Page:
A virile, outgoing, educated and hard working community like ours is the nation's shaan, its strength, and calls for its just share of the national cake and expects the removal of road blocks in their legitimate pursuit of professional activity. Such a national match must be plaved on level playing fields. For too long have Sikh civil servants been missing out on Cabinet Secretaryships or for instance, the office of the Foreign Secretary, when other "minorities" have filled such posts. It should certainly be a cause for concern that even till today, 50 long years after Indian independence, not one Sikh officer has been found competent to command the Indian Army, a force that we have so faithfully and professionally served.

As far as religion is concerned, well, that is one's personal matter, and in any case, we bother no one. Certainly, the Sikhs have to shed the pseudo-intellectuals the sycophants, the greedy opportunists who masquerade as leaders and instead place as heads those men - and women - of vision, with world views, grasp and understanding, those who will not be corrupted bv position nor money. There are so very many from whom to choose.

There is now the exciting new dimension of the "overseas Sikhs": no less than ten per cent of the community today permanently reside outside India. The custodians of our temporal and spiritual order must give them the importance due and fully involve them in their diaspora for the synergised strength and well-being of the community.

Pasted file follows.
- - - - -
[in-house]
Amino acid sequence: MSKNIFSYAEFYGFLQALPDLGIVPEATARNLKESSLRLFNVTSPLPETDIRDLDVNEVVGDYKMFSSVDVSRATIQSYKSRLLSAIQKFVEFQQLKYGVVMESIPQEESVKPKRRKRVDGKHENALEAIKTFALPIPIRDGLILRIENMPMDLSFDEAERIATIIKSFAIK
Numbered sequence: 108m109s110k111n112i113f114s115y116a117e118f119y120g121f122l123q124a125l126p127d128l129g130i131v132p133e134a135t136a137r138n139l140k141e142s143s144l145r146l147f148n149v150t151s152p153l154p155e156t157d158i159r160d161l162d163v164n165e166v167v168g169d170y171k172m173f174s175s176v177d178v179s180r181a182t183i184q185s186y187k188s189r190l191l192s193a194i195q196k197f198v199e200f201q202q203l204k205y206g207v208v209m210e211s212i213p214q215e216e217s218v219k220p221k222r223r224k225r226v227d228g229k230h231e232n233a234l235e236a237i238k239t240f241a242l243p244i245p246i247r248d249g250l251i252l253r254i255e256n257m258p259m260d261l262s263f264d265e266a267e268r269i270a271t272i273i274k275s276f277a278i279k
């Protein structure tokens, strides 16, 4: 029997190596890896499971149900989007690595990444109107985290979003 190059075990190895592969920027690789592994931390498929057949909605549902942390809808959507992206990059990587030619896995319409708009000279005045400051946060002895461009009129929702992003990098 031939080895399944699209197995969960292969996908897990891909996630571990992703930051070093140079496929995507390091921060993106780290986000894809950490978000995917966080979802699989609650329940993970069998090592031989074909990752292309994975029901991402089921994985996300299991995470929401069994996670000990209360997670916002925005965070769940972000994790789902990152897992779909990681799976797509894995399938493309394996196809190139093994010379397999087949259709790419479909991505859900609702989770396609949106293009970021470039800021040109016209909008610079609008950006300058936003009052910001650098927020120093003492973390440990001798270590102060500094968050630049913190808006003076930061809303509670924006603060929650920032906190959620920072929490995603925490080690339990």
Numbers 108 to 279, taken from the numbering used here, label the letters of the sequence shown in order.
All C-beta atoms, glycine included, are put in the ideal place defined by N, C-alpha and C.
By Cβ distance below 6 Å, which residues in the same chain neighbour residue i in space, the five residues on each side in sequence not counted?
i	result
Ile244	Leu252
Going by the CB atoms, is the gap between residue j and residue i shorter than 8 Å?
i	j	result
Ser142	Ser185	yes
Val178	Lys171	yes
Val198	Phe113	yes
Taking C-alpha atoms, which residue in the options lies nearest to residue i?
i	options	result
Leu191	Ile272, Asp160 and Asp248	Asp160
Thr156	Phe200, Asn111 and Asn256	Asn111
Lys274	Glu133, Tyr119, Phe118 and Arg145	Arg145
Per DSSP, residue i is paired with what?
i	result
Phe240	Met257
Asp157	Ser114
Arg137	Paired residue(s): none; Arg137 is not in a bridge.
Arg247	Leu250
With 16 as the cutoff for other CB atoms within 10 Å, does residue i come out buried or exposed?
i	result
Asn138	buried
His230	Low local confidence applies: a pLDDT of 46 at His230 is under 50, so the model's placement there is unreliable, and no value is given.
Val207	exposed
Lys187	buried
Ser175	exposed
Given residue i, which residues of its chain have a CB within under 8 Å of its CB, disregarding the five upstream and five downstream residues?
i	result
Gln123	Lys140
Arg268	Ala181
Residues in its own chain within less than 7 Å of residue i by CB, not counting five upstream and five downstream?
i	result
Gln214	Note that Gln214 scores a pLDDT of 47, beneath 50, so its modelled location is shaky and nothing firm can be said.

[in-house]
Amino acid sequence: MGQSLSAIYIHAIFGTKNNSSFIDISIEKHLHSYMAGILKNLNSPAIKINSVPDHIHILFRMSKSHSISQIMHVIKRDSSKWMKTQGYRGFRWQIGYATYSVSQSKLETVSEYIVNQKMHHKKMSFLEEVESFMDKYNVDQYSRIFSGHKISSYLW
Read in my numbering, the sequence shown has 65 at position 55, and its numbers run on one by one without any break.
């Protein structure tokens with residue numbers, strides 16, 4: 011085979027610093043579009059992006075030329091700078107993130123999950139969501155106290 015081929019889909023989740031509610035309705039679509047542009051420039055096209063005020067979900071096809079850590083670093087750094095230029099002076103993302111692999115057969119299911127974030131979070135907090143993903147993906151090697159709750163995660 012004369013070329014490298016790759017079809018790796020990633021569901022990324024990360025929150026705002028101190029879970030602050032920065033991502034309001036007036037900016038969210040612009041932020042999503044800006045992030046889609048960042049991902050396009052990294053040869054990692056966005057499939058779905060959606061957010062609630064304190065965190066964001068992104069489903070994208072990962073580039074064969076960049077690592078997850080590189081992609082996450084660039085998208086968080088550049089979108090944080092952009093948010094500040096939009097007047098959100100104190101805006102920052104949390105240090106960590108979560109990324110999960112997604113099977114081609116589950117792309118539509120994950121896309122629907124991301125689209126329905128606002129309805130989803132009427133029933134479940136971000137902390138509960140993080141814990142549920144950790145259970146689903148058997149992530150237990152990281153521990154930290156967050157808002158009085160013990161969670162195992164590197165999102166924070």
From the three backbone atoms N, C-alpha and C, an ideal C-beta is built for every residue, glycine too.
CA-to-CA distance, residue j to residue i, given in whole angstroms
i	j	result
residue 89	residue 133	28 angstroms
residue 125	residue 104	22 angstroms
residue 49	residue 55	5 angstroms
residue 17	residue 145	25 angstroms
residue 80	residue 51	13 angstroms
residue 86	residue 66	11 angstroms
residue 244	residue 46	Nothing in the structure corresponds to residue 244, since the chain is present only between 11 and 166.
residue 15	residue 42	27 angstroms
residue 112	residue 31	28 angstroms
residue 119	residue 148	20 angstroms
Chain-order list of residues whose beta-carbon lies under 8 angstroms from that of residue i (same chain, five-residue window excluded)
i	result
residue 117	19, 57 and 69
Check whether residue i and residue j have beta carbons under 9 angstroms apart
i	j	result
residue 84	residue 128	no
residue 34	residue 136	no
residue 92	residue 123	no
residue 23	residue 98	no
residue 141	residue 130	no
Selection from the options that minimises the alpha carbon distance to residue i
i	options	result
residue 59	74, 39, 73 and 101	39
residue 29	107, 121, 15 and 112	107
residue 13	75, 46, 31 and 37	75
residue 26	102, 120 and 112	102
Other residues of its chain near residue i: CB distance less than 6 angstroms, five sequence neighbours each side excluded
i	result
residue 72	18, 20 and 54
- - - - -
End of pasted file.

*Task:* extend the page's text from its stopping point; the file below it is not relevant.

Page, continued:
Let us translate the Guru Granth Sahib into as manv foreign languages as practical, let us train and send forth well-versed parcharaks and granthis, publish wide-ranging literature on our culture and heritage, establish reading rooms or libraries to enhance knowledge in every town and village, identity ourselves in our resplendent form, and behave like the true Khalsa that Guru Gobind Singh had created in his own image.

As the Khalsa moves into the next century and with the world, into the new millennium, we stand at the crossroads of destiny. A glorious renaissance beckons us: let us together help make it so!
Major General Himmat Singh Gill (Retd)

After a distinguished military career, the author has taken to prolific writing, with continuing Contributions to newspapers and a number of novels published. A former diplomat, a seasoned defence analyst and a keen surveyor of the politico-religious field in and around India, General Himmat Singh Gill has written extensively about the future of the Sikh community to which he belongs.